NEW YORK (AP) — The dollar rose Wednesday after a report from the Federal Reserve hinted that the central bank may be closer to slowing or ending its efforts to support the economy.
The Fed released minutes from its January meeting disclosing that several policymakers said they were concerned about the risks of the Fed’s policy of buying bonds to keep interest rates low. The bond-buying could eventually cause inflation or unsettle financial markets, they said.
If the Fed ended its program, it would likely lead to higher U.S. interest rates and a stronger dollar.
Foreign exchange analyst Kathy Lien of BK Asset Management said the minutes suggest Fed policymakers could end the bond purchases “way before” the unemployment rate falls below the Fed’s current target of 6.5 percent.
“While we are not surprised that Fed officials talked about phasing out asset purchases again…we were surprised by how willing they are to look beyond the 7.9 percent unemployment rate,” Lien wrote in a client note.
The dollar added to its gains against the euro in the afternoon, up about a cent in late trading. The euro fell to $1.3281 late Wednesday from $1.3389 on Tuesday. The dollar also rose to 93.81 Japanese yen from 93.44 yen.
The British pound deepened its decline. It fell below $1.52 Wednesday for the first time since July 2010 after a report showed that the Bank of England was more concerned about Britain’s economy. If the country takes on more economic stimulus measures that result in lower interest rates, the pound could fall further.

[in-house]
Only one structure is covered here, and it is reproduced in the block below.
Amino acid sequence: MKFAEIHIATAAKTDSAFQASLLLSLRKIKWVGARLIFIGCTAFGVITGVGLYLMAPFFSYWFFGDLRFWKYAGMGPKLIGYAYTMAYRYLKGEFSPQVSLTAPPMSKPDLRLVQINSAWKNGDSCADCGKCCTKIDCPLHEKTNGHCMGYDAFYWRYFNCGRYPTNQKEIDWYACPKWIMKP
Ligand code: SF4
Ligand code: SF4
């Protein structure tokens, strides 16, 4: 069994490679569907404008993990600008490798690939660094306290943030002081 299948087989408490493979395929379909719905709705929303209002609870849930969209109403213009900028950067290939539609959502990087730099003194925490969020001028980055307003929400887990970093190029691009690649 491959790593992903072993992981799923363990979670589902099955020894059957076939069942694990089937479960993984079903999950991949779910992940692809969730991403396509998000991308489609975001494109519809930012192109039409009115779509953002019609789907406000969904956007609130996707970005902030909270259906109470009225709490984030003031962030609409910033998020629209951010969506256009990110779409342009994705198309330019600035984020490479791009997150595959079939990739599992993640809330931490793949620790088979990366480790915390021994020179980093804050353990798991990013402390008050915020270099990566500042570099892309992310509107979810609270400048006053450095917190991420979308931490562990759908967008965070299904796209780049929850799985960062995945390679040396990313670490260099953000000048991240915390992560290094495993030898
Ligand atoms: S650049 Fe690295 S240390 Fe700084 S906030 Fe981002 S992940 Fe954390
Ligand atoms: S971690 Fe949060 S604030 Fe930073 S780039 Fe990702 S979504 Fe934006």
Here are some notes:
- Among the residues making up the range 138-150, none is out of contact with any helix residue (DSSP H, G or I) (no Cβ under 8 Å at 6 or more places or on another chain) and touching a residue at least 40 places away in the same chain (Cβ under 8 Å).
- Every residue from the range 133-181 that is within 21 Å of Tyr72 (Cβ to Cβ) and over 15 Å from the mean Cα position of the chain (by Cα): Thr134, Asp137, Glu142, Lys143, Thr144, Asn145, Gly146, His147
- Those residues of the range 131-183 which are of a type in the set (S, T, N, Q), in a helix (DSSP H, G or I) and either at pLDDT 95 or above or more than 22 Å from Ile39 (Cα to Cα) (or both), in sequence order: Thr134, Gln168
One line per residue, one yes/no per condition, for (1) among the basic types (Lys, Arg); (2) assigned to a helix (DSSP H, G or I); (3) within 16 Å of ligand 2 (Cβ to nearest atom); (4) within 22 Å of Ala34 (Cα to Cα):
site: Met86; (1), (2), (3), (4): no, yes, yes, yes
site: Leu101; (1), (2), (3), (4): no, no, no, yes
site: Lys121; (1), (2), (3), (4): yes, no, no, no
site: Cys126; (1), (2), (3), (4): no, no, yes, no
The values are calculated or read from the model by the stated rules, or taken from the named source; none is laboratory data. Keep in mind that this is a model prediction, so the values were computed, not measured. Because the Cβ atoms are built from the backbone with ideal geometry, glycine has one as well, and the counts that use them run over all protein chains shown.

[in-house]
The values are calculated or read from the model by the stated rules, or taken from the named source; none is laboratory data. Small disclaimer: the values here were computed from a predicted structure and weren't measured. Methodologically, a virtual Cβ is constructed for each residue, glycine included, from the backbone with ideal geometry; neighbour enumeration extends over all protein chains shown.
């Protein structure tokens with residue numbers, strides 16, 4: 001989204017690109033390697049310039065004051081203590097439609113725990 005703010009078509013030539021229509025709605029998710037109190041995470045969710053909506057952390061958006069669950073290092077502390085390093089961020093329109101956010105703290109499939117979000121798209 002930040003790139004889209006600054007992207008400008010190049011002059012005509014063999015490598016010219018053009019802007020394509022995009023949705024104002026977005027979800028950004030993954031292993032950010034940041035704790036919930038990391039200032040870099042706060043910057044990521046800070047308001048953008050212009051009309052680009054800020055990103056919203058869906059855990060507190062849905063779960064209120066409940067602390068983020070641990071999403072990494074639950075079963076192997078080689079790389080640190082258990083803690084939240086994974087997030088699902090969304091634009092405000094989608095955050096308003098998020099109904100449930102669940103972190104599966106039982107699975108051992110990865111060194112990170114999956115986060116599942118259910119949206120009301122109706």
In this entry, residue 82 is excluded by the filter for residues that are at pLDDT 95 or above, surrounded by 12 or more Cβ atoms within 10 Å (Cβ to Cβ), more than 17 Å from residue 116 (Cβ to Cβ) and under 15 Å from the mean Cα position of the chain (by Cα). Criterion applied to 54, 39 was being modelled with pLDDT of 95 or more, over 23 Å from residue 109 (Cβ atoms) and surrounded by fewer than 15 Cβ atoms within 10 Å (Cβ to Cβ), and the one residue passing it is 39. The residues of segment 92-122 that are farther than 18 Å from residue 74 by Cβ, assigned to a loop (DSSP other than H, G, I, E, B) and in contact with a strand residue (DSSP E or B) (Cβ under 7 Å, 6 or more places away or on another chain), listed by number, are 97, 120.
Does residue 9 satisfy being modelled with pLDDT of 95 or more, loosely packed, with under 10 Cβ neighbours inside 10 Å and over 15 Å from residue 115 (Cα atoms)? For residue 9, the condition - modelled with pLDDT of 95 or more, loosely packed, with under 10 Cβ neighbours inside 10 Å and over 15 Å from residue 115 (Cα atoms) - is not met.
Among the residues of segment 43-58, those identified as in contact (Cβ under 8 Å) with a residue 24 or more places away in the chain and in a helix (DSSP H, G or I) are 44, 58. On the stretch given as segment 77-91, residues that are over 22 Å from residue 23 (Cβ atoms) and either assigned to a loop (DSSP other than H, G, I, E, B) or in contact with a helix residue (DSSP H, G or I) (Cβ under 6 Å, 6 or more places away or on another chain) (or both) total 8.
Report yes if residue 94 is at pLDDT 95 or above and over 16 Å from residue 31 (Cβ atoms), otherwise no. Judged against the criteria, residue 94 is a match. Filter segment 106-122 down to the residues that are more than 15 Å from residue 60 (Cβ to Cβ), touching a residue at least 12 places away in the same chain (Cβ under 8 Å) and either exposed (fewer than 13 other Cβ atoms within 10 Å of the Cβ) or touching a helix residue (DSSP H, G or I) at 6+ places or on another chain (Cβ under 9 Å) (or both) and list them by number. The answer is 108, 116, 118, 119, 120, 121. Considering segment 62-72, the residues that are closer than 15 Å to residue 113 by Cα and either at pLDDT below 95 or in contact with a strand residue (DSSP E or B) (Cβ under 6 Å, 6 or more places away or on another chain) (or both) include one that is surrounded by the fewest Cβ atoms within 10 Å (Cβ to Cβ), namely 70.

In late trading, the pound was worth $1.5240 compared with $1.5423 late Tuesday.
The dollar also gained against the Canadian dollar and Swiss franc.
More Related Stories
- Alex Jones admits government may not have caused tornadoes
- Peace Corps to allow gay couples to volunteer together
- Moore officials: Funds for "safe rooms" were held up by red tape
- Rand Paul: Congress should apologize to Apple, not the other way around
- Rescue crews race to find tornado survivors
- Looting in Oklahoma?
- Hundreds of low-wage federally contracted workers strike in D.C.
- Okla. mother's tearful reunion with her 8-year-old son
- New campaign compares gun control to anti-LGBT discrimination
- Study: Salt Lake City is gay parenting capital of the U.S.
- Inhofe and Coburn: Red state hypocrites
- Teen activist to meet with Abercrombie CEO
- Watch: Family emerges from storm shelter after tornado
- Must-see morning clip: Barackalypse Now
- Okla. tornado survivor reunited with dog trapped in rubble live on camera
- Is Pope Francis an exorcist?
- Oklahoma death count confirmed at 24, 9 children
- Frantic parents search for children in tornado's wake
- Crews dig through rubble after deadly tornado
- 51 killed in massive Oklahoma tornado
- Don't cry climate-change wolf
Featured Slide Shows
The week in 10 picsclose X
- 1 of 11
Credit: AP/LM Otero
Credit: AP/Matt Rourke
Credit: AP/Jenny Aicher
Credit: AP/Molly Riley
Credit: AP/J. Scott Applewhite
Credit: AP/Carolyn Kaster
Credit: AP/Las Vegas Review-Journal/Jeff Scheid
Credit: AP/NASA/Chris Hadfield
Credit: AP/Jacquelyn Martin
Credit: AP/The Duluth News-Tribune/Clint Austin
Recent Slide Shows
- 1 of 11